The world-famous mime Marcel Marceau (1923-2007), who died this week at 84, was buried on September 26 in Paris’s historic Père-Lachaise cemetery. The previous Grand Rabbi of France, Algerian-born René-Samuel Sirat, read the Kaddish over Marceau’s grave, reminding the modest crowd—France’s Culture Minister Christine Albanel did not even bother to attend—that Marceau “always defined himself as a citizen of the world, with Jewish roots.”
Indeed, he was born Marcel Mangel to a Polish Jewish family in Strasbourg in 1923. His father Charles Mangel, a butcher and amateur baritone who raised pigeons as a hobby, was deported to Auschwitz in 1944, where he was murdered. Young Marcel moved to Limoges and joined the Resistance, specializing in the counterfeiting of identity papers and helping to hide Jewish children from the Nazis. He counterfeited his own identity, choosing the name Marceau from a heroic poem by Victor Hugo in praise of a French Revolutionary general, François-Séverin Marceau.
Retaining his warrior’s name for the rest of his life, Marceau was more of a fighter than the general public—sometimes exasperated by the whimsy of his Chaplinesque flower-carrying character Bip—might perceive. Rabbi Sirat eloquently pointed to Marceau’s wartime experiences as leading him to the art of mime, with its “twin lessons of silence and gestures.” After D-Day, Marceau joined the French Army commanded by Marshal de Lattre de Tassigny, and only became a full-time performer after the Armistice. Interestingly, he chose among his first teachers the exceptional actor—and notorious collaborator with the wartime Nazi occupant—Charles Dullin.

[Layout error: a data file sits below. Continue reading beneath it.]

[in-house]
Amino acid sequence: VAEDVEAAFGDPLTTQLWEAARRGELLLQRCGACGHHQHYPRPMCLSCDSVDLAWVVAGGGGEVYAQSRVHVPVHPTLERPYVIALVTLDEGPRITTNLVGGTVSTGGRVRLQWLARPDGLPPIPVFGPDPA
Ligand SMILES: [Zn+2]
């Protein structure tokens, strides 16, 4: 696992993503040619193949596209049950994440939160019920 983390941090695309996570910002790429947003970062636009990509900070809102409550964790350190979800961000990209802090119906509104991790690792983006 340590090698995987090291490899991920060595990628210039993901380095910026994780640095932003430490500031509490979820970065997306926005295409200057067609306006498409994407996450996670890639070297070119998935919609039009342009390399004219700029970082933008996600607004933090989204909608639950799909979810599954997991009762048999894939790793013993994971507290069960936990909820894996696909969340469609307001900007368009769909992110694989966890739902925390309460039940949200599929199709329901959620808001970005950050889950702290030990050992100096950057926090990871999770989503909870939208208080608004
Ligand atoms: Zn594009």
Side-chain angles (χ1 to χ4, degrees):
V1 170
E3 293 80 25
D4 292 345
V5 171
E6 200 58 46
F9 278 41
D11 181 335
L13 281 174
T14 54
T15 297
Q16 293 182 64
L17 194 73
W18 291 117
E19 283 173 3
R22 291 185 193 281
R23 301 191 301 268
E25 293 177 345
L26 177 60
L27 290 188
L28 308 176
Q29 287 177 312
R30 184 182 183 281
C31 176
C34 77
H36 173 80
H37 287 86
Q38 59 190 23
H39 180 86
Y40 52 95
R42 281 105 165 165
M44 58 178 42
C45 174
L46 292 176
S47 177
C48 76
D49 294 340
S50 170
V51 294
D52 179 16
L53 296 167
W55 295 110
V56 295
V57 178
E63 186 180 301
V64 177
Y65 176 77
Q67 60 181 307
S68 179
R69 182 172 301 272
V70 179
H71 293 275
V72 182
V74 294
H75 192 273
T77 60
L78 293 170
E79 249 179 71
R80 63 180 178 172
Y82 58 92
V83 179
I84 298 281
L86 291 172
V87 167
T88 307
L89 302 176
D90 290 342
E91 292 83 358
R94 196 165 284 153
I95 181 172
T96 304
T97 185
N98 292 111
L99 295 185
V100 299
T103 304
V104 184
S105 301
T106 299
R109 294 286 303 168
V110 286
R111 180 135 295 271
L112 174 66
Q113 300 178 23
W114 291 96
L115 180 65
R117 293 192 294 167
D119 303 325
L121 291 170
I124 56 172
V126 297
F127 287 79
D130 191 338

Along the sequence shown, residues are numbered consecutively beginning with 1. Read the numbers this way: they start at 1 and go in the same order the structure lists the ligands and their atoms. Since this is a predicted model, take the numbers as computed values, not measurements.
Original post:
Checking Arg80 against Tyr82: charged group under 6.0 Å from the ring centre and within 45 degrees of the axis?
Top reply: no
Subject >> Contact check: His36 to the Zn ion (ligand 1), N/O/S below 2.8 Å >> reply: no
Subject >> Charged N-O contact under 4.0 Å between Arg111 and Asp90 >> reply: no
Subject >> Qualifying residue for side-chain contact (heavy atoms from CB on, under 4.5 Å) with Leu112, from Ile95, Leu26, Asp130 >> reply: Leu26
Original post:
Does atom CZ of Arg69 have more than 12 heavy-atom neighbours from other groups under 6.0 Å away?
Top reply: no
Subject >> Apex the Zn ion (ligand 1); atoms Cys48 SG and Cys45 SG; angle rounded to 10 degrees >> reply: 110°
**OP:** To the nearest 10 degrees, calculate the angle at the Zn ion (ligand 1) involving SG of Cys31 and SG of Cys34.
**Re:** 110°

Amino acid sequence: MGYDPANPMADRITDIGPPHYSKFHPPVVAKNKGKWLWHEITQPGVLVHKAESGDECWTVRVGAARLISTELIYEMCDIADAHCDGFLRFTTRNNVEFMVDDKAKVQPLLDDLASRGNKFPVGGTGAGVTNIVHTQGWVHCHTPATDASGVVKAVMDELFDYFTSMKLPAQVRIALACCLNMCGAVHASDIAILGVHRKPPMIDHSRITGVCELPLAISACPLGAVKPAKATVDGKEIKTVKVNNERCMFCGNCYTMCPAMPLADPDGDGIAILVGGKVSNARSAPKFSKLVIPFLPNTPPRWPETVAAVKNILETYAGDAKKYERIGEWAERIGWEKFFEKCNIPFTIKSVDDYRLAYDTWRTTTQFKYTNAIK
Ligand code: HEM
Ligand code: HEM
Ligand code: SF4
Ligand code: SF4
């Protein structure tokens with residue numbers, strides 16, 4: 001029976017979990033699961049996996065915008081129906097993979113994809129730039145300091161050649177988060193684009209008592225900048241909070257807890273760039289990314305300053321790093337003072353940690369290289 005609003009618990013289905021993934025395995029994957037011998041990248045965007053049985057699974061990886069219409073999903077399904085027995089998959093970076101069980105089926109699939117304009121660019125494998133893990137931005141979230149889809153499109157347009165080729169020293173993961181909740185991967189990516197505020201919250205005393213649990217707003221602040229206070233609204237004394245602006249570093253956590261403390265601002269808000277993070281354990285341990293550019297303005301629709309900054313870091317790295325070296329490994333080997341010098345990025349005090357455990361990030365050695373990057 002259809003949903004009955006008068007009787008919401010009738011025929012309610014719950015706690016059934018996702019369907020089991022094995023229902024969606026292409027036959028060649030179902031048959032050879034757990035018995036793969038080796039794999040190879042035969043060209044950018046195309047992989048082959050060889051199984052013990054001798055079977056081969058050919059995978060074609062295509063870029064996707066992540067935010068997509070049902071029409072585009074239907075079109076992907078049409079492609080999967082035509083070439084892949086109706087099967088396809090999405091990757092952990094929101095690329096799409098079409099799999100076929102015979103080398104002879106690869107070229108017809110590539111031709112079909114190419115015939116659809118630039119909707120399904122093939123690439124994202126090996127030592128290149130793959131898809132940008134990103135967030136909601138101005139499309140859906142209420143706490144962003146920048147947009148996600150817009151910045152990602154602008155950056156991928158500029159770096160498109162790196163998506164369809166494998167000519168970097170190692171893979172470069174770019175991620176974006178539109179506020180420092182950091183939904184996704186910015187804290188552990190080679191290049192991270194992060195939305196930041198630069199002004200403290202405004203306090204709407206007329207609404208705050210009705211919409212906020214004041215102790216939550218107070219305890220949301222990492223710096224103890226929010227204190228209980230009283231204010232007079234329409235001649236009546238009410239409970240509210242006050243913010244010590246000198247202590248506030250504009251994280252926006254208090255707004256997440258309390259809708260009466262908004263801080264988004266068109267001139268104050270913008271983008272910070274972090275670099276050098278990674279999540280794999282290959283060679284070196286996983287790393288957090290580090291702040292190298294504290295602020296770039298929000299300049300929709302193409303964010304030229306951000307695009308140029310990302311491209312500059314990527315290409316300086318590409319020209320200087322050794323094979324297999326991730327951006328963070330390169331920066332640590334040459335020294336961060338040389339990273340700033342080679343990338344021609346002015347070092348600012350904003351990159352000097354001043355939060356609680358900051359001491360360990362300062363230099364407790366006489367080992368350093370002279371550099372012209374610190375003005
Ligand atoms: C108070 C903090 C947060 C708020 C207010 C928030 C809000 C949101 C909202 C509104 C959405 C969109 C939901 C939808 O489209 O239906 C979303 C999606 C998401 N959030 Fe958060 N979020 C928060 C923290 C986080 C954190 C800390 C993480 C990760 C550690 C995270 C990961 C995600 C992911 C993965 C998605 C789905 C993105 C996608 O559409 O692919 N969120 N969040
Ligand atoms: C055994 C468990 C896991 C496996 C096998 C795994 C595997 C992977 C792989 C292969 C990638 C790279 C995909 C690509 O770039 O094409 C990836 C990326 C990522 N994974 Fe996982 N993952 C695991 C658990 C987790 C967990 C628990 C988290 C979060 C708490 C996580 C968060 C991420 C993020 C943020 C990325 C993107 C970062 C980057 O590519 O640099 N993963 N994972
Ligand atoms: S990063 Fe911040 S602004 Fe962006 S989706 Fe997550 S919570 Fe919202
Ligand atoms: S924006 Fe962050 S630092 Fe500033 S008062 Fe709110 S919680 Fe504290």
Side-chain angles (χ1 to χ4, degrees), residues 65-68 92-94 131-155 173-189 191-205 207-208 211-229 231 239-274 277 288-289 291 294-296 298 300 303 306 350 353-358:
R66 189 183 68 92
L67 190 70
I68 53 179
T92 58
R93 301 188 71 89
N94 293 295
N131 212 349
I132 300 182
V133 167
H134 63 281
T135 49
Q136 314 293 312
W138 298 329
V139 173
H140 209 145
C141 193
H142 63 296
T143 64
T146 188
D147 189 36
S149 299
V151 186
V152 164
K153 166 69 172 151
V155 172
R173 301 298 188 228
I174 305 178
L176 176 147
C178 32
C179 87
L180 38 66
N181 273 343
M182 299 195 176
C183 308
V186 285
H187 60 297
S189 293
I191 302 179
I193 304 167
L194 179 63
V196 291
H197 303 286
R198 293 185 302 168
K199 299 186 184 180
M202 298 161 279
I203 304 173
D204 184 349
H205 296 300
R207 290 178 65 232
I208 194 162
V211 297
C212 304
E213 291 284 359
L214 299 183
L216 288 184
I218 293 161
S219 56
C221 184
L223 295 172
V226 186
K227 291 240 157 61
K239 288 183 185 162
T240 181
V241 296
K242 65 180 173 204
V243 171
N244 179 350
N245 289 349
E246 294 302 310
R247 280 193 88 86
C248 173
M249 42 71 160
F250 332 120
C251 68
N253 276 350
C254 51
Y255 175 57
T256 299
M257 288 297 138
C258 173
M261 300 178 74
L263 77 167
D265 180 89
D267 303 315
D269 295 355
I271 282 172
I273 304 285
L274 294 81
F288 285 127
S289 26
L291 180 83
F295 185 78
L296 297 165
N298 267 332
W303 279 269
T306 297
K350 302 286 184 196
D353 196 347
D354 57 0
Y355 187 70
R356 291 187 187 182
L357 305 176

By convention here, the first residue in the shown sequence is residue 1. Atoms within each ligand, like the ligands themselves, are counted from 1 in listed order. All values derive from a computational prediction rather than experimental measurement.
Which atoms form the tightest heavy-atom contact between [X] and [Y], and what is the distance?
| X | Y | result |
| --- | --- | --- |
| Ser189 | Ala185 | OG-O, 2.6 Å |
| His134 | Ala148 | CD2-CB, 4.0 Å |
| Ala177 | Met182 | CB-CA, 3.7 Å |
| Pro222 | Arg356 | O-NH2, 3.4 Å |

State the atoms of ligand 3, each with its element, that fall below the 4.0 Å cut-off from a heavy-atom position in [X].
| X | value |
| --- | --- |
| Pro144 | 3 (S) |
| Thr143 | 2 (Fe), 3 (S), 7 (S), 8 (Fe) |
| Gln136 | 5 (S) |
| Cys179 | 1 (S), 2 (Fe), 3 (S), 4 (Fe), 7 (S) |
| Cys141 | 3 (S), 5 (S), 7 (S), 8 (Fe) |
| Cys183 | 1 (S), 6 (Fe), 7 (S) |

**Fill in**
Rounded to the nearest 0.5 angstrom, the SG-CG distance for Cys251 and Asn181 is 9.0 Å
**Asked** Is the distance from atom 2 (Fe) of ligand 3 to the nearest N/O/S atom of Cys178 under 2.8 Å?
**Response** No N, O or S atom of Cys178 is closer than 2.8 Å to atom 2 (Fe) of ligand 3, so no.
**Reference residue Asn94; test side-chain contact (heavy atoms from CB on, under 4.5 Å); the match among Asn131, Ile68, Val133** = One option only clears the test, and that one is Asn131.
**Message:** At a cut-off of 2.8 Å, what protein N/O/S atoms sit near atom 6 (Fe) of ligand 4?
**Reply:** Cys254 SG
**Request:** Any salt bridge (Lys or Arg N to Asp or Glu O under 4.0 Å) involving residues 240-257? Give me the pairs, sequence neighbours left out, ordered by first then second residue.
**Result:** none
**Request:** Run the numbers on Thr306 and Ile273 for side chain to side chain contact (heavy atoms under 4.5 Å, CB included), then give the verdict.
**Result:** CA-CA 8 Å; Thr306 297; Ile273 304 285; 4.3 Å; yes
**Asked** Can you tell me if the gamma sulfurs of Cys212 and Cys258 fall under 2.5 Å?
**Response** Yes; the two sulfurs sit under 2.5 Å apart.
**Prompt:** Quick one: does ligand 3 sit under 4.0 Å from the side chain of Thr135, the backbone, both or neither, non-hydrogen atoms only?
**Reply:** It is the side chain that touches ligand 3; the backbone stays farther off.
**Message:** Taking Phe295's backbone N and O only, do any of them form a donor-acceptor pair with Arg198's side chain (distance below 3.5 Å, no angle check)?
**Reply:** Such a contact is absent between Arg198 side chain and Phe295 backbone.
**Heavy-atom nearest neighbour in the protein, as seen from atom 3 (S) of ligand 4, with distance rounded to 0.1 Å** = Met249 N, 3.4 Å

By 1948, Marceau had established his own theater company, and his character Bip was born, named, according to Marceau, after the character Pip in Dickens’ Great Expectation. Bip is recalled for quaintly chasing butterflies and walking against the wind (a routine Michael Jackson admitted to ripping off in order to stage his own meaningless moonwalk). Bip at times expressed an inner violence, as in his early pantomime, “The Murderer,” which Marceau described as inspired by Raskolnikov, the murderer in Dostoyevsky’s Crime and Punishment. Marceau also claimed this mimed violence conveyed his own desire to “boot the Germans out of France.” When I myself met Marceau some fifteen years ago for an interview at the Espace Pierre-Cardin in Paris, he already seemed travel-worn, although, until very recently, he adamantly maintained a grueling international schedule of tours, with over 200 annual performances.
In the 1970’s, I saw him perform in Manhattan before unfriendly crowds who expressed their impatience with the slow pace of his act, his reliance on inferior young students who performed a good part of the mime show, and his own form, creaky even then. Years ago, a French journalist challenged him about his “conventional” pantomimes that seemed never to change. Marceau, ever revolutionary in spirit, replied, “Everything is convention, a fine word that hearkens back to the French Revolution and the notion of convening.” In his sources of inspiration, Marceau may eventually be seen as a kind of mute Elie Wiesel, a survivor who distrusted France’s wartime linguistic hypocrisy to the point of expressing his art silently.